Around 7:00 a.m., Trooper Brian Moses was driving in his squad car near the location of the three shootings when he noticed a man matching the shooter's description wearing an orange sweatshirt and driving a green Ford Explorer. The vehicle drove past Moses, and Moses lost sight of it for a short time. However, he and another trooper, Andrew Klein, located, and were able to block, the vehicle. Trooper Klein ordered the driver out of the vehicle, and he complied. Once they had the driver, they were able to identify him as Pete Polson. Stephenson was brought to the scene shortly thereafter, and he identified Polson as the man who had shot at him "without a doubt."

         Officers searched the area Polson had been driving when Moses lost sight of him, and they found a handgun in the ditch. Although there had been a snowstorm a couple days earlier, the gun was not covered in snow. Later testing confirmed that Polson's DNA was on the handgun. Additionally, casings found at each of the scenes were tested and determined to have been shot from the recovered handgun. Polson's orange sweatshirt was also tested, and gunshot residue was found on it.

         Later the same day, officers conducted a search of Polson's residence. In it, they found in excess of fifteen pounds of marijuana, as well as some packaging materials and scales. Additionally, a couple of spoons with methamphetamine residue were recovered.

         Special Agent Matthew Clifton interviewed Polson at the police station on the day of the shootings. When asked, Polson responded he had not used narcotics or drugs for a couple years. Additionally, Polson said he did not feel intoxicated at the time. Clifton testified that based on his observations of Polson and his demeanor, Clifton believed that Polson was not intoxicated at the time.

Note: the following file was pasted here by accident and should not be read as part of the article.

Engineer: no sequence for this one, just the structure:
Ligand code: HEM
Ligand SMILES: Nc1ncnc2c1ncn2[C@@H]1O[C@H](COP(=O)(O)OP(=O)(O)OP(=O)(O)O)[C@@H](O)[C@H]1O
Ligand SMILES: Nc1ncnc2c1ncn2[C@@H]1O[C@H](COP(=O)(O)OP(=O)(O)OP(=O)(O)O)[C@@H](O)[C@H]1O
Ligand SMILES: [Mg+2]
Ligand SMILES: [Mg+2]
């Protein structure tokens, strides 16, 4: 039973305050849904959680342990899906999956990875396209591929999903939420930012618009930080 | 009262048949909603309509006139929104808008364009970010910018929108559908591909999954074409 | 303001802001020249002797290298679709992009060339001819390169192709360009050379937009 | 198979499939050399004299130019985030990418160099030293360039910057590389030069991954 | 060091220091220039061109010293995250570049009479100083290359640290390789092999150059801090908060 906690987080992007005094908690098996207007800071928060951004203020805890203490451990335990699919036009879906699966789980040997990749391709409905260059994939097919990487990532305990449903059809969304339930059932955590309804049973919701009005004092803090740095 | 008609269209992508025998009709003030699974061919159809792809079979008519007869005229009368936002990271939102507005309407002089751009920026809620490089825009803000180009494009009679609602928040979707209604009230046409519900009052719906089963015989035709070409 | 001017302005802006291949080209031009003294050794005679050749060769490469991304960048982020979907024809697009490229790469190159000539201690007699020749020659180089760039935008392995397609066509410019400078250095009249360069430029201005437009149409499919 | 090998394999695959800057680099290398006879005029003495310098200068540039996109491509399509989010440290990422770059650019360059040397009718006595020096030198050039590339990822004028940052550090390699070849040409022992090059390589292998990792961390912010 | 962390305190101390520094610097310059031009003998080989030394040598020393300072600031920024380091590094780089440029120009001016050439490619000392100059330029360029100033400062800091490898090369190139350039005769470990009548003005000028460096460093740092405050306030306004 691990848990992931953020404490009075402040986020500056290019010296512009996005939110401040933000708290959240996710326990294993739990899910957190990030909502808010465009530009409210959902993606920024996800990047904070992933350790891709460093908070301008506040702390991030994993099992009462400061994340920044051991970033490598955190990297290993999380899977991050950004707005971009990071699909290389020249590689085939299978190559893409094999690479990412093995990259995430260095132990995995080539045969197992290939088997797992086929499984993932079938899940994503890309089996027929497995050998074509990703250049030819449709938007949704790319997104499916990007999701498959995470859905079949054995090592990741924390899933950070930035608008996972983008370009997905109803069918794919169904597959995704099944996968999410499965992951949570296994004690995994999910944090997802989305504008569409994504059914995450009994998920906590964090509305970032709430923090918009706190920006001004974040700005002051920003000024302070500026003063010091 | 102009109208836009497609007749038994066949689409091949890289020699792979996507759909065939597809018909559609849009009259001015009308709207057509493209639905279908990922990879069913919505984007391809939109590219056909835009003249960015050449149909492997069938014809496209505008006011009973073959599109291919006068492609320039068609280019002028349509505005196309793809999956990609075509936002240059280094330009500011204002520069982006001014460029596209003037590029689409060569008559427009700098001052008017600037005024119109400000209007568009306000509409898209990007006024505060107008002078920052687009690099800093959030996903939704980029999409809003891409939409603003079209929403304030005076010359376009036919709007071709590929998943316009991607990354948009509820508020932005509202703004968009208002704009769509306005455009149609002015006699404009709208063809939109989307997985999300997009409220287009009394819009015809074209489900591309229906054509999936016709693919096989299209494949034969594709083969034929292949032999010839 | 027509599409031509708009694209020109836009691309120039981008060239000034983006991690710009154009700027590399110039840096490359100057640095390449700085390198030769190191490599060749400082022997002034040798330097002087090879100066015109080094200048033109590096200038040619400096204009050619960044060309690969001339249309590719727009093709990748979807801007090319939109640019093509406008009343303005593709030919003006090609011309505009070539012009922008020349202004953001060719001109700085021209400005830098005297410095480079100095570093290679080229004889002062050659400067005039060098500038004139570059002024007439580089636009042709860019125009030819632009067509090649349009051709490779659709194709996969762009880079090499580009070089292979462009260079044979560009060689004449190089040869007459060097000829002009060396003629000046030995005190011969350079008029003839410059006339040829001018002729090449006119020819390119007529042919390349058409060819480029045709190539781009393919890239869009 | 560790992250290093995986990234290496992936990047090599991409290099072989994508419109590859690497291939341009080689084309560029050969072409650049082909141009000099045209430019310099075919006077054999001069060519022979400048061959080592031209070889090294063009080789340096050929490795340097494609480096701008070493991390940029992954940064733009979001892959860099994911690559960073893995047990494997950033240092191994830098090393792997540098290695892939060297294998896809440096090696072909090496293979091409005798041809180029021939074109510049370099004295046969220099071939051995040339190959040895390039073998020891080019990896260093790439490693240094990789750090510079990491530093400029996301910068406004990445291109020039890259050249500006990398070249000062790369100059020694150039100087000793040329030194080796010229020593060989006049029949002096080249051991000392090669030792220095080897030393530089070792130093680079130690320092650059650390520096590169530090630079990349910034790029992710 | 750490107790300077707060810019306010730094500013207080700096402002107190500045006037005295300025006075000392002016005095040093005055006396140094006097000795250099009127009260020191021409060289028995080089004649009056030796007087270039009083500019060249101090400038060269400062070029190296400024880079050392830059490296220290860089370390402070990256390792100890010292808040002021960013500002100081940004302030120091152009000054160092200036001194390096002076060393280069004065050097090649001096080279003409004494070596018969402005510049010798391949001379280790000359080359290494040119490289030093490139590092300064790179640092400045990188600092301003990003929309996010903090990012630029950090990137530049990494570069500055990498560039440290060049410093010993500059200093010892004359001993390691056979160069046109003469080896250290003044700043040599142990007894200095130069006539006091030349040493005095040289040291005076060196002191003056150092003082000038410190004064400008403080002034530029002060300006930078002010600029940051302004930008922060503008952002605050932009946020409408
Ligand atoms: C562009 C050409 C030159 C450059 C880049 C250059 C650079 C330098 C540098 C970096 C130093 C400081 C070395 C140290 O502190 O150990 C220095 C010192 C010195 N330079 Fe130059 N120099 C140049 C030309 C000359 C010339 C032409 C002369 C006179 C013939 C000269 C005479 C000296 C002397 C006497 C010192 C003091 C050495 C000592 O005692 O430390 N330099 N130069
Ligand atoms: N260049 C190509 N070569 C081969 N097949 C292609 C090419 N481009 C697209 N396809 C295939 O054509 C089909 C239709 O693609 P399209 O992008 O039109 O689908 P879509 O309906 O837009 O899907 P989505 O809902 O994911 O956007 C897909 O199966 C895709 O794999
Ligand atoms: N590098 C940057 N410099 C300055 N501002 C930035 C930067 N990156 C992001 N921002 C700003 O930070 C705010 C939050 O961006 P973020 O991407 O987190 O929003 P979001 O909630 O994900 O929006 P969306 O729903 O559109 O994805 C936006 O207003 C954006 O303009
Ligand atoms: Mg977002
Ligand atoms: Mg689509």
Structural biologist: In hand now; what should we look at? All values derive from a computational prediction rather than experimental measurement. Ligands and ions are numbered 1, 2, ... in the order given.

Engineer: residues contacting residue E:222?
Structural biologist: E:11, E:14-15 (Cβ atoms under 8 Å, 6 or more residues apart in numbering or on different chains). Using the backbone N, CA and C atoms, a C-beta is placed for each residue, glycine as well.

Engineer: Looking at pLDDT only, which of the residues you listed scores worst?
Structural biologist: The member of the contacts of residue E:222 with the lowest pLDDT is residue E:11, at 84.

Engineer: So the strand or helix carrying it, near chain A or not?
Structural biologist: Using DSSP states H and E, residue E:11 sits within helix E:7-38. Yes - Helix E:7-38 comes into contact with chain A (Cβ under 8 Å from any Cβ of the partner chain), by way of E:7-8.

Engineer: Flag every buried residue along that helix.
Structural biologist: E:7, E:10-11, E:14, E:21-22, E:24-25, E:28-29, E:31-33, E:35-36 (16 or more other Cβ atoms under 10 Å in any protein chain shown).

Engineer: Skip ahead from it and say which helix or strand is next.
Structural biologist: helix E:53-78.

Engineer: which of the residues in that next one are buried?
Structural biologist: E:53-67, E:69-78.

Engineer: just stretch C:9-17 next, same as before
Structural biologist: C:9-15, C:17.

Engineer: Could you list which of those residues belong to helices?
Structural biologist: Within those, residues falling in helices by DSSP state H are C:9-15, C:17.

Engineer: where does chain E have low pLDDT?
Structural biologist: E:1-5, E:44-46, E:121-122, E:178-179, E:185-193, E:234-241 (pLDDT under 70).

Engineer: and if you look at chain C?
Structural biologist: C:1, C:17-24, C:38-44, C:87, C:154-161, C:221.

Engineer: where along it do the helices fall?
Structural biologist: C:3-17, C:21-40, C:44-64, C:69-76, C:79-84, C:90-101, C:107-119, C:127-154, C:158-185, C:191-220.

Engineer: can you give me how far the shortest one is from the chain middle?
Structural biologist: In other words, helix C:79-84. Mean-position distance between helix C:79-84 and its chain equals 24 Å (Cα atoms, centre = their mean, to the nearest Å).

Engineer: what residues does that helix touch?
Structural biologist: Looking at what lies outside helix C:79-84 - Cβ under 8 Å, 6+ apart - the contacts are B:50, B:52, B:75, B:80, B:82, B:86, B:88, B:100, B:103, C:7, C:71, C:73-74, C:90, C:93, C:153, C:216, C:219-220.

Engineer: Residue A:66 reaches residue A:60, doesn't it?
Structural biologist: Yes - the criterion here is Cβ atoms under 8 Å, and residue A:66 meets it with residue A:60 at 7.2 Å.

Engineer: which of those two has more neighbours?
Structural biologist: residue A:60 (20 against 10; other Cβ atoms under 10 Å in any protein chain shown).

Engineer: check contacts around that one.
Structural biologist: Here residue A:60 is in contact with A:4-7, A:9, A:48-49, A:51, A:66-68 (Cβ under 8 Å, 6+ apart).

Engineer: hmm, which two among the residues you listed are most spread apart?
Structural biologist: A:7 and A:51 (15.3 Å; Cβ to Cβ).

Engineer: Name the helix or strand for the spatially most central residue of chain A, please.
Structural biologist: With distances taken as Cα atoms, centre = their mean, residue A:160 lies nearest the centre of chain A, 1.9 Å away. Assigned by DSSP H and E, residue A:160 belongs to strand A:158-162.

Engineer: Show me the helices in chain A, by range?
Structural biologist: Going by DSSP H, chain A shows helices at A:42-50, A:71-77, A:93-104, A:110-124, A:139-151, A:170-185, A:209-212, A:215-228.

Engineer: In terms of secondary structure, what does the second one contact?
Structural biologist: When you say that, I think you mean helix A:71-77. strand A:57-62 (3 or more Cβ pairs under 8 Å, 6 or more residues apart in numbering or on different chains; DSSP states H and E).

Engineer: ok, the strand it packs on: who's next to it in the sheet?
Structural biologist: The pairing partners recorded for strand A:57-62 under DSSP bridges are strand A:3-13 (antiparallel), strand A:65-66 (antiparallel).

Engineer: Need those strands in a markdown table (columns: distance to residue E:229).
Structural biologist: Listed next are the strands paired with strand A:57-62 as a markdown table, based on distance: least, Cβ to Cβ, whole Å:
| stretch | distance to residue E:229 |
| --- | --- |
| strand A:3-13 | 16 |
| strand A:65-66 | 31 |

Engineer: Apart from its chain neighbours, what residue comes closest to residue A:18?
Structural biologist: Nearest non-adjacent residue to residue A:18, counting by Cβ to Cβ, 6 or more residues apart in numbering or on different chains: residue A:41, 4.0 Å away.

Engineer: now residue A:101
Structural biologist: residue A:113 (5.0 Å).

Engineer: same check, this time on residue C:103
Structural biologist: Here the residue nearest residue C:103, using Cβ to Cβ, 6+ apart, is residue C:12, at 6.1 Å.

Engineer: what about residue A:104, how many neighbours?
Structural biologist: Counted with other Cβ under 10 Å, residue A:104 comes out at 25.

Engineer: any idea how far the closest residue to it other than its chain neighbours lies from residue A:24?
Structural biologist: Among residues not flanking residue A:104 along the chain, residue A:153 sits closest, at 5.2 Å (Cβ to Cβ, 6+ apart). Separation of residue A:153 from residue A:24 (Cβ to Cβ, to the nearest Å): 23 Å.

On December 22, 2014, Polson was charged by trial information with a number of crimes stemming from November 17. Polson was charged with three counts of attempted murder (count I: Mark Mitchell; count II: Zachary Whitehill; count III: Matthew Stephenson); two counts of willful injury causing serious injury (count IV: Zachary Whitehill; count V: Mark Mitchell); one count of intimidation with a dangerous weapon (count VI); one count of conspiracy to deliver a controlled substance (marijuana) (count VII); one count of possession of a controlled substance with intent to deliver (marijuana) (count VIII); and failure to affix a tax stamp (count IX).

         In early October 2015, Polson filed a notice that he intended to rely on the defense of intoxication.

         Jury orientation took place on the morning of Friday, October 9; the trial was scheduled to start the following Monday. Then, on Friday afternoon, the court held a hearing on Polson's pro se motion to dismiss or substitute his appointed trial counsel. The court stated, "I'll go ahead and have you [Polson] make any statements you would like, and then I'm going to have [trial counsel] respond to that." Polson then stated:

I just feel that [trial counsel] doesn't have my best interests, you know. He's dropped the ball on a lot of things. It's all there in the affidavit. He's-we talked about filing for certain things, and he hasn't done it. Just, you know-and I just feel that a lot of things haven't gone like he says they were going to and he doesn't have my best ...